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Christmas miracle? Not quite. Mark Stopa is a defense-side foreclosure lawyer in Florida who wants to give away a house. The deadline to apply has already passed, but we wonder who the lucky winner will be.

Stopa announced November 3 that one lucky family would win a brand-new foreclosed house if they submitted a 200-word essay by December 23.

Whether you're a Democrat or a Republican or neither, the one thing you can agree on after Tuesday's election is it's time to party in three more states! Alaska, Oregon, and Washington, D.C., all voted to legalize recreational marijuana.

Each law is slightly different, though, so if you're practicing in any of these jurisdictions, it's helpful to know just what they cover and when they go into effect. There are actually lots of issues here for many attorneys, including criminal defense, tax, corporations, and property. So read up!

Don't Be a Partner in Shelter Tax Crime

This tax season, don't be a partner in shelter tax crime like the attorneys at Nix, Patterson & Roach in Texas.

In NPR Investments v. United States, the Fifth Circuit frowned upon the law firm partners' investment scheme to generate $65 million in artificial losses, so they could ultimately create a tax shelter for their huge litigation fees.

So what happened in this case?

A lot of people are rightfully enraged at the moment. A drunk 16-year-old, with two people riding in his truck bed, slammed into three people who had stopped to help a stranded motorist. Those four people died, one of the individuals who was riding in the pickup truck bed can now only communicate by blinking, and who knows how many people were injured between the truck's other passengers and the oncoming car that collided with the wreckage.

Three hours after the accident, the kid's blood alcohol content was 0.24, three times the limit for someone of legal drinking age, an age he won't reach for five more years, reports the Star-Telegram.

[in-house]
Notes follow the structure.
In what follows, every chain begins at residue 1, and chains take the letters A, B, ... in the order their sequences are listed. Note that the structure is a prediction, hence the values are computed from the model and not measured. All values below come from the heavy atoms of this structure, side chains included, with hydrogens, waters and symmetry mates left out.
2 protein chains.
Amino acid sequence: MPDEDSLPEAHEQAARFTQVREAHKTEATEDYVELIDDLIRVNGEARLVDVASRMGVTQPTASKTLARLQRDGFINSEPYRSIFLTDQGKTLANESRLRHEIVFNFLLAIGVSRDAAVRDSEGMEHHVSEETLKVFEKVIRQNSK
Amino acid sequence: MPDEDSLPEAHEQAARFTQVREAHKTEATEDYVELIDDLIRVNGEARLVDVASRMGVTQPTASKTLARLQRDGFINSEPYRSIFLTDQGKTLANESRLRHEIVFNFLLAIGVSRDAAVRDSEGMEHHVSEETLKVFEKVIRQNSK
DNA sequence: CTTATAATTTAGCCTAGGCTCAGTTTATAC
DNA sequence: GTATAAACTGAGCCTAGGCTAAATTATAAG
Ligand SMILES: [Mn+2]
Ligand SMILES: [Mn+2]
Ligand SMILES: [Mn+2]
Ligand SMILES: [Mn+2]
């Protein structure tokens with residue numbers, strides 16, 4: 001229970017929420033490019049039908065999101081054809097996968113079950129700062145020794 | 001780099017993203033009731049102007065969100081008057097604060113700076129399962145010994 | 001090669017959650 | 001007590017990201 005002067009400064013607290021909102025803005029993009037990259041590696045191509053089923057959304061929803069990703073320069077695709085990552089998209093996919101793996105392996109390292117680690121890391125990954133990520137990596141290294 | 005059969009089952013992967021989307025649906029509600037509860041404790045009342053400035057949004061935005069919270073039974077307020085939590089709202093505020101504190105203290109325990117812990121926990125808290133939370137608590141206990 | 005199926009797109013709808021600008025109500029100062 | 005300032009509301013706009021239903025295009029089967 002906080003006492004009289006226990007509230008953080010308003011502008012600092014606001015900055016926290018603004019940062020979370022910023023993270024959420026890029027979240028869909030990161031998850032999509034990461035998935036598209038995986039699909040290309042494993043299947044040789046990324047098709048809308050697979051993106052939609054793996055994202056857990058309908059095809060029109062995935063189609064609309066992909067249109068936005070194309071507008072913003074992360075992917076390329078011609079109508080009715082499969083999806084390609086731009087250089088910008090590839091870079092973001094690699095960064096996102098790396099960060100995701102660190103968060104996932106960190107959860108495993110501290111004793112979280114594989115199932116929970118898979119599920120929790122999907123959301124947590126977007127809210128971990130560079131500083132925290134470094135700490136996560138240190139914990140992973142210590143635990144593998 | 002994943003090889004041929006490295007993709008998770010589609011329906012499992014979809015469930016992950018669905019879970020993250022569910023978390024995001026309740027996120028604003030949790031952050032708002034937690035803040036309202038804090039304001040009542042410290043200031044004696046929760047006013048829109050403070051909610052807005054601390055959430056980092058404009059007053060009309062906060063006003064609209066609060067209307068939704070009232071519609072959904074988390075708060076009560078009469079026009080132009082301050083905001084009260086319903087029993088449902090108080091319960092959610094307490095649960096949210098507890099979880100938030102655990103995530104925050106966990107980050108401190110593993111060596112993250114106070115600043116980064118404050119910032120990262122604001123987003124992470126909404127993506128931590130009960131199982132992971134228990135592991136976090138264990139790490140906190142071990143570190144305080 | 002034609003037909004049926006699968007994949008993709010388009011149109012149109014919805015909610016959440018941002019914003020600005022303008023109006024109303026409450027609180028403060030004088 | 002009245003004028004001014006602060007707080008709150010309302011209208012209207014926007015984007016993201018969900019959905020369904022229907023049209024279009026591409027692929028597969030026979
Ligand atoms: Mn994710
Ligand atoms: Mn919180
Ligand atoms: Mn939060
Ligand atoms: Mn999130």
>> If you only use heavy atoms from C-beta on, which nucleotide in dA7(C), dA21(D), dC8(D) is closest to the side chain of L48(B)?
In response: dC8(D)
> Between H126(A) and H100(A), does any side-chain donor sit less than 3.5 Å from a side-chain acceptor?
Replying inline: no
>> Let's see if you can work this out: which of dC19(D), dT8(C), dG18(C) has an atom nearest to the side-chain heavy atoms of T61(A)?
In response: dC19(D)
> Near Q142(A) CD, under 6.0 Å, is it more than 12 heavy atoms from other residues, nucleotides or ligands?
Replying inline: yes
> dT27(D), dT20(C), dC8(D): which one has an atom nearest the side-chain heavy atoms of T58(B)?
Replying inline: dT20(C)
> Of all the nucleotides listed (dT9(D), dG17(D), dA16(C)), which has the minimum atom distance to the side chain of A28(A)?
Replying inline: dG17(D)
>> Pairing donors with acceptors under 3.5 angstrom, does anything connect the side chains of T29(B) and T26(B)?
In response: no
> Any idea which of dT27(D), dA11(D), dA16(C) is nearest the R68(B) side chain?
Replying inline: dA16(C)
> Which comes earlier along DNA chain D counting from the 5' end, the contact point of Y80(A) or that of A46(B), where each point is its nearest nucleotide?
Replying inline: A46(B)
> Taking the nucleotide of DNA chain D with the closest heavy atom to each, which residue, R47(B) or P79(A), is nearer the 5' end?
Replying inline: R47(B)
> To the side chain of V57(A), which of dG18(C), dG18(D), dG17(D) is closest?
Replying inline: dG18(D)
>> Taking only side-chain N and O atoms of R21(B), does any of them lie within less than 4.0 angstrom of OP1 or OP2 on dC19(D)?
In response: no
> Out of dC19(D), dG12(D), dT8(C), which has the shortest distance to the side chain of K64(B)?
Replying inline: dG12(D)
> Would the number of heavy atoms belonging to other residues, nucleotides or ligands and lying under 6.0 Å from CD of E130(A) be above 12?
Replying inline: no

Any other defendant would have spent at least some time in a juvenile incarceration facility, and maybe even an adult facility. Prosecutors were seeking a twenty-year term. His punishment? Ten years of probation, and treatment at a $450,000 per year rehabilitation facility in Newport Beach, California.

Why? Quite literally, because he is rich.

Sheryl Sandberg's Lean In, has its merits, and the most important one may be the great debate that has stirred up at water coolers around the country. For every woman who wants to lean in, there's one that wants to lean out, and thus the latest iteration of the mommy wars continues.

Earlier this week, The New York Times published an article about Sara Uttech, a woman, mother, and employee, who is not so much concerned with "leaning in," as trying to have a good balance in her life. The snarky tone of the article insinuates that Sandberg is off-base by telling women to lean in, because according to a survey by the Families and Work Institute not everyone wants more responsibility. For working women that percentage is at 37.

What the article failed to grasp, however, is that the very acts they laud by Ms. Uttech, such as asking to work from home on Fridays, are actions that Sandberg would suggest. Not only that, had Uttech's female supervisors not leaned in, they may not have been amenable to her request for a flexible work schedule.